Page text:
This is my fourth post on Laura Thomson’s excellent talk Minimum Viable Bureaucracy. In this one I’m focusing on the section she entitled ‘Practicalities’. All of the ideas in this post should be ascribed to Laura, apart from my random musings which I’ve tried to make obvious.
Posts in the series:
- Scale, Chaordic Systems & Trust
- Problem Solving and Decision Making
- Goals, scheduling, shipping
- Minimum Viable Bureaucracy: Why have managers?
Self-organising does not equal democracy. Just because no-one is in charge doesn’t mean everyone has an equal vote.
How do we solve problems in a chaordic environment? People coming from a traditional company might wonder how decisions can be made. The short answer is that subject matter experts emerge. People gravitate towards projects they’re passionate about and become experts in that subject.
The second part of this is that there shouldn’t be a single person who knows or can do everything – there should be a ‘failover’. You should actively fight against there only being one person who knows or does everything. After all, if that person gets headhunted by Facebook or hit by a truck then suddenly you’re left with something that nobody understands. Leaving it at this isn’t enough, however, as there are some things that nobody wants to do – e.g. running weekly team meeting. These things should be rotated so it’s not too much of a burden on any one person.
What do an OSS decision-making processes look like? Well, says Laura, they all tend to converge on a model that looks a lot like this:
- subject matter expert = module owner = Benevolent Dictator for Life
- seconds = peers = committers
This is a reasonable structure for decision-making in any context: have one person who knows everything with (more) other people knowing almost as much. Things get done this way.
Laura adds a note in parentheses to this: ‘self-organising’ does not equal democracy. Just because no-one is in charge doesn’t mean everyone has an equal vote. But then, on the other hand, nor does self-organising equal anarchy. Self-organising systems emerge and converge on a structure, but they are not structureless.
“You should never have all of your time filled with things that other people have made for you to do.”
Many architectural problems are like bikesheds, says Laura: they’re the thing you talk about over beers with the team or every workweek – but you never get around to doing. People have many different, possibly divergent ideas and think it’s too hard to get to a solution. As a leader, therefore, you should pick someone and give them a week to go away and have a go at it. Get them to see how far they get with making a prototype. The important thing to remember is not to leave them too long in isolation as they can go down “a hell of a rabbit hole”. It’s good to have a time box for this kind of thing.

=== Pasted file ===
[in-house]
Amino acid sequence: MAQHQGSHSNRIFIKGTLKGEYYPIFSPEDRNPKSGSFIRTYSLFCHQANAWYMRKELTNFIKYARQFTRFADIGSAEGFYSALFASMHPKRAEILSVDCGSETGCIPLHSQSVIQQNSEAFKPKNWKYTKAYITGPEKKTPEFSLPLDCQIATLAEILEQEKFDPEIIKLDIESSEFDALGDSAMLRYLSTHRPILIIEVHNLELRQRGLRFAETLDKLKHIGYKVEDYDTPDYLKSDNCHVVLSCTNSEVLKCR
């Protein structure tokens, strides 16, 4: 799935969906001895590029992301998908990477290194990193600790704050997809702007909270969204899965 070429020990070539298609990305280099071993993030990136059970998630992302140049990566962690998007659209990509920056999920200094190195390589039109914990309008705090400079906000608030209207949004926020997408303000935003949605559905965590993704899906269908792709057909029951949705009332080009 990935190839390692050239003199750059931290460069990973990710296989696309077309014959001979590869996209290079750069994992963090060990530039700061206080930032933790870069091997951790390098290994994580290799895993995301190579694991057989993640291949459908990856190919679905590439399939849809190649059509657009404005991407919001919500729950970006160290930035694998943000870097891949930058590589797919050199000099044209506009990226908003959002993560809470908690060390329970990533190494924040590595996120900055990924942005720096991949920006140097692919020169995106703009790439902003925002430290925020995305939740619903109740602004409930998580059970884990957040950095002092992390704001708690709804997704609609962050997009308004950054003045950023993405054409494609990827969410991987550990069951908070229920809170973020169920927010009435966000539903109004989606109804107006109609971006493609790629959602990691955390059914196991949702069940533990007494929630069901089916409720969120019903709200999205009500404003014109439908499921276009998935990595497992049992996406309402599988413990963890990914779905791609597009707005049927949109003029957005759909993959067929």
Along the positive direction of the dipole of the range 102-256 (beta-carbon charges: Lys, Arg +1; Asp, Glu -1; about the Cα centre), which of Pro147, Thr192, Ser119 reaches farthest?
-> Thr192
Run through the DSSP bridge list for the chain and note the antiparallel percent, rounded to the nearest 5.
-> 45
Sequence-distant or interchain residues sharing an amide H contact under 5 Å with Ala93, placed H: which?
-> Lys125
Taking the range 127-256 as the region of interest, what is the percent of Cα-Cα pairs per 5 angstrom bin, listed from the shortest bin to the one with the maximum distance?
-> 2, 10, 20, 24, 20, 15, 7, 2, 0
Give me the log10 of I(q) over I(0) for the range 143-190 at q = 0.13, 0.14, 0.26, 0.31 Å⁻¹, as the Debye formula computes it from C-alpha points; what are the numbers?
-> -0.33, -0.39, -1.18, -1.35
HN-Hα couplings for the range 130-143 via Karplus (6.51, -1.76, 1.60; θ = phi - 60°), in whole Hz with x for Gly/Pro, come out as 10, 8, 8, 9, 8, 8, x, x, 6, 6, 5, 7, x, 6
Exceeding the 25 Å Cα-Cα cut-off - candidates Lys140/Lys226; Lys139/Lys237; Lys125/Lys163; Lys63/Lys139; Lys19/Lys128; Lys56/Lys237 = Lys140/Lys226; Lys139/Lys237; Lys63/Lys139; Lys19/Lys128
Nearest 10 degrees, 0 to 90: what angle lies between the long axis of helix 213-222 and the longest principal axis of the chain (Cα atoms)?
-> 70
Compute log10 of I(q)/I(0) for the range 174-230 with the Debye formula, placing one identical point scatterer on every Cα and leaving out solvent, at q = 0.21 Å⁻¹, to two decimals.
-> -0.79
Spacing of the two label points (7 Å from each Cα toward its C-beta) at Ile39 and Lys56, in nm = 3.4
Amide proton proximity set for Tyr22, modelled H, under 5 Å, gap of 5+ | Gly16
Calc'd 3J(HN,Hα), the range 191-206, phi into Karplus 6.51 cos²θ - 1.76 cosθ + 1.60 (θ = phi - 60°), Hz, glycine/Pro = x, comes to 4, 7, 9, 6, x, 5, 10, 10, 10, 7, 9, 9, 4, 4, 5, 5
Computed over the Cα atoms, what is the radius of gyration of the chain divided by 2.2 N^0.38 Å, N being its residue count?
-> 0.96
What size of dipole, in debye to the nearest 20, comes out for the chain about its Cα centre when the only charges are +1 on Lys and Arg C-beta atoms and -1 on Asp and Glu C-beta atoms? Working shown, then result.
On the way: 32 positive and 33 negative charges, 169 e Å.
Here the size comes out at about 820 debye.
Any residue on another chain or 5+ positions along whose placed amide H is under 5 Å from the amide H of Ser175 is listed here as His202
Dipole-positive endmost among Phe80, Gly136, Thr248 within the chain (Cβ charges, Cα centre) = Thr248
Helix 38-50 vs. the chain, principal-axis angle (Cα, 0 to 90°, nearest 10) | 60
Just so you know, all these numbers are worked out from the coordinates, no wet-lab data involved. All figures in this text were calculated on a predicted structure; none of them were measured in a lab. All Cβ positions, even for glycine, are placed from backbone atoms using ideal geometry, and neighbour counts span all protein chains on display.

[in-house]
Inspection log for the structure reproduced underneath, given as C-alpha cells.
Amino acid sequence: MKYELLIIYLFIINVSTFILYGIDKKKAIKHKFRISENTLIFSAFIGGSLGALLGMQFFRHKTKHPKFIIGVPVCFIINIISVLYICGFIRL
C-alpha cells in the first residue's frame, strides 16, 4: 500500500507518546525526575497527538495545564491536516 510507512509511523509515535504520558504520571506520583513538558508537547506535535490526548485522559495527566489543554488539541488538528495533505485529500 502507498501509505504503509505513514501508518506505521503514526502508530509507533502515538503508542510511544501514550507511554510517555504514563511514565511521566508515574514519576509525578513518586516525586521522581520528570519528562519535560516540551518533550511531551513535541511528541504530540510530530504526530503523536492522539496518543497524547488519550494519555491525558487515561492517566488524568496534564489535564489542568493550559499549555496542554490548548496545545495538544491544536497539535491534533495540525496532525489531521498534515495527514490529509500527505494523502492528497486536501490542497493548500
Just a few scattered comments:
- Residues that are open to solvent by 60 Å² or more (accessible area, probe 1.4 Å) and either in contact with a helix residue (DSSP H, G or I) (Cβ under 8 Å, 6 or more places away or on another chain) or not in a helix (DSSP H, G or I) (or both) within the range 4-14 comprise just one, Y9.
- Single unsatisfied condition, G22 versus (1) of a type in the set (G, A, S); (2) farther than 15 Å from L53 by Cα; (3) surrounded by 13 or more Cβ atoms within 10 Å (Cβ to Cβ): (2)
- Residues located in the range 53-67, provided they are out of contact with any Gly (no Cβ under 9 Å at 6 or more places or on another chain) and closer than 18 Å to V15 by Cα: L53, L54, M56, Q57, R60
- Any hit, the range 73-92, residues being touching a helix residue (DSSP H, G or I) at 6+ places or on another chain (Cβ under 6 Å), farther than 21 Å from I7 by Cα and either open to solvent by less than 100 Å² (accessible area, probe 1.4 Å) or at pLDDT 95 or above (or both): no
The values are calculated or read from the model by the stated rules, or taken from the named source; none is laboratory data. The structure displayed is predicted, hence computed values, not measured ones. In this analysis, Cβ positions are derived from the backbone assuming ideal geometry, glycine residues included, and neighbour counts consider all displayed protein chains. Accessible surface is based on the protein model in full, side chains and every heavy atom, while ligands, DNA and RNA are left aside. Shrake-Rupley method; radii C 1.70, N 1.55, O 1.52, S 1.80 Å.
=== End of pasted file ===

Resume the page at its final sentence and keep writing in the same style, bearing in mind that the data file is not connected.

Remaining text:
Laura’s advice is that you that you should ‘come with code’ for bikeshedding problems. This means you can point to something and say “hey, I built this”. People who don’t like it will no doubt say that they would have done it differently but when it exists, it’s much easier to just agree with something. The problem then kind of goes away. Many of the hardest problems get to 80% by one person over a two-day marathon giving the project a proof-of-concept and some momentum. In turn, this gives other people motivation and clears the path.
The moral? Give people room to do this and be innovative.
Moving on, Laura says she sees some things that are “really toxic”. Things like having an innovation department where all the ‘innovative’ work is done. This is “silly”. Another management anti-pattern is giving engineers a number of tickets without giving the engineer space to think about the product. It’s true they may not understand the users, but they understand the product pretty well.
Depending on the company, a portion of time has to be spent by the engineer doing the thing that they think is most important. It might be 100% of the time, or 60%, 40%, one day per week – but it should never be zero. “You should never have all of your time filled with things that other people have made for you to do,” says Laura. There are so many reasons for this. One of them is you miss out on some of the most innovative ways of doing things. The second is that it’s toxic for engineering morale. It will make people leave. It’s a ‘super-critical item’.
This is true not only for engineers but for anyone in an pretty much any kind of organisation. Spending all day just implementing other people’s ideas doesn’t lead to a sense of agency or happiness.
In summary, there are three things to remember about problem solving in a chaordic environment:
- Push responsibility to the edges
- Adopt open source models
- Give people freedom to innovate.
For the things that aren’t ‘bikesheds’ figure out where the interfaces are. Interface design is more critical than component design. For example, your API is more important than the implementation, every single time. This makes everything more modular, allowing you to drop innovative things in more easily.
In non-technical language, this is about looking at how ideas and projects connect. This is important as it helps the organisation communication well internally and externally, helping things move forward smoothly.
Laura’s architectural goals:
- Decouple replaceable components
- Have clear interfaces and APIs
- Make sure you have good tests for each component
For operational problems within an open source environment, the same principles apply, with two additions:
- Evidence > guts
- Immerse yourself in problems
In other words, use evidence to make your decisions rather than gut feelings. And when you’ve got a problem, set aside time for you (or someone on your team) to be fully immersed in it and understand it.
You can follow Laura Thomson as @lxt on Twitter.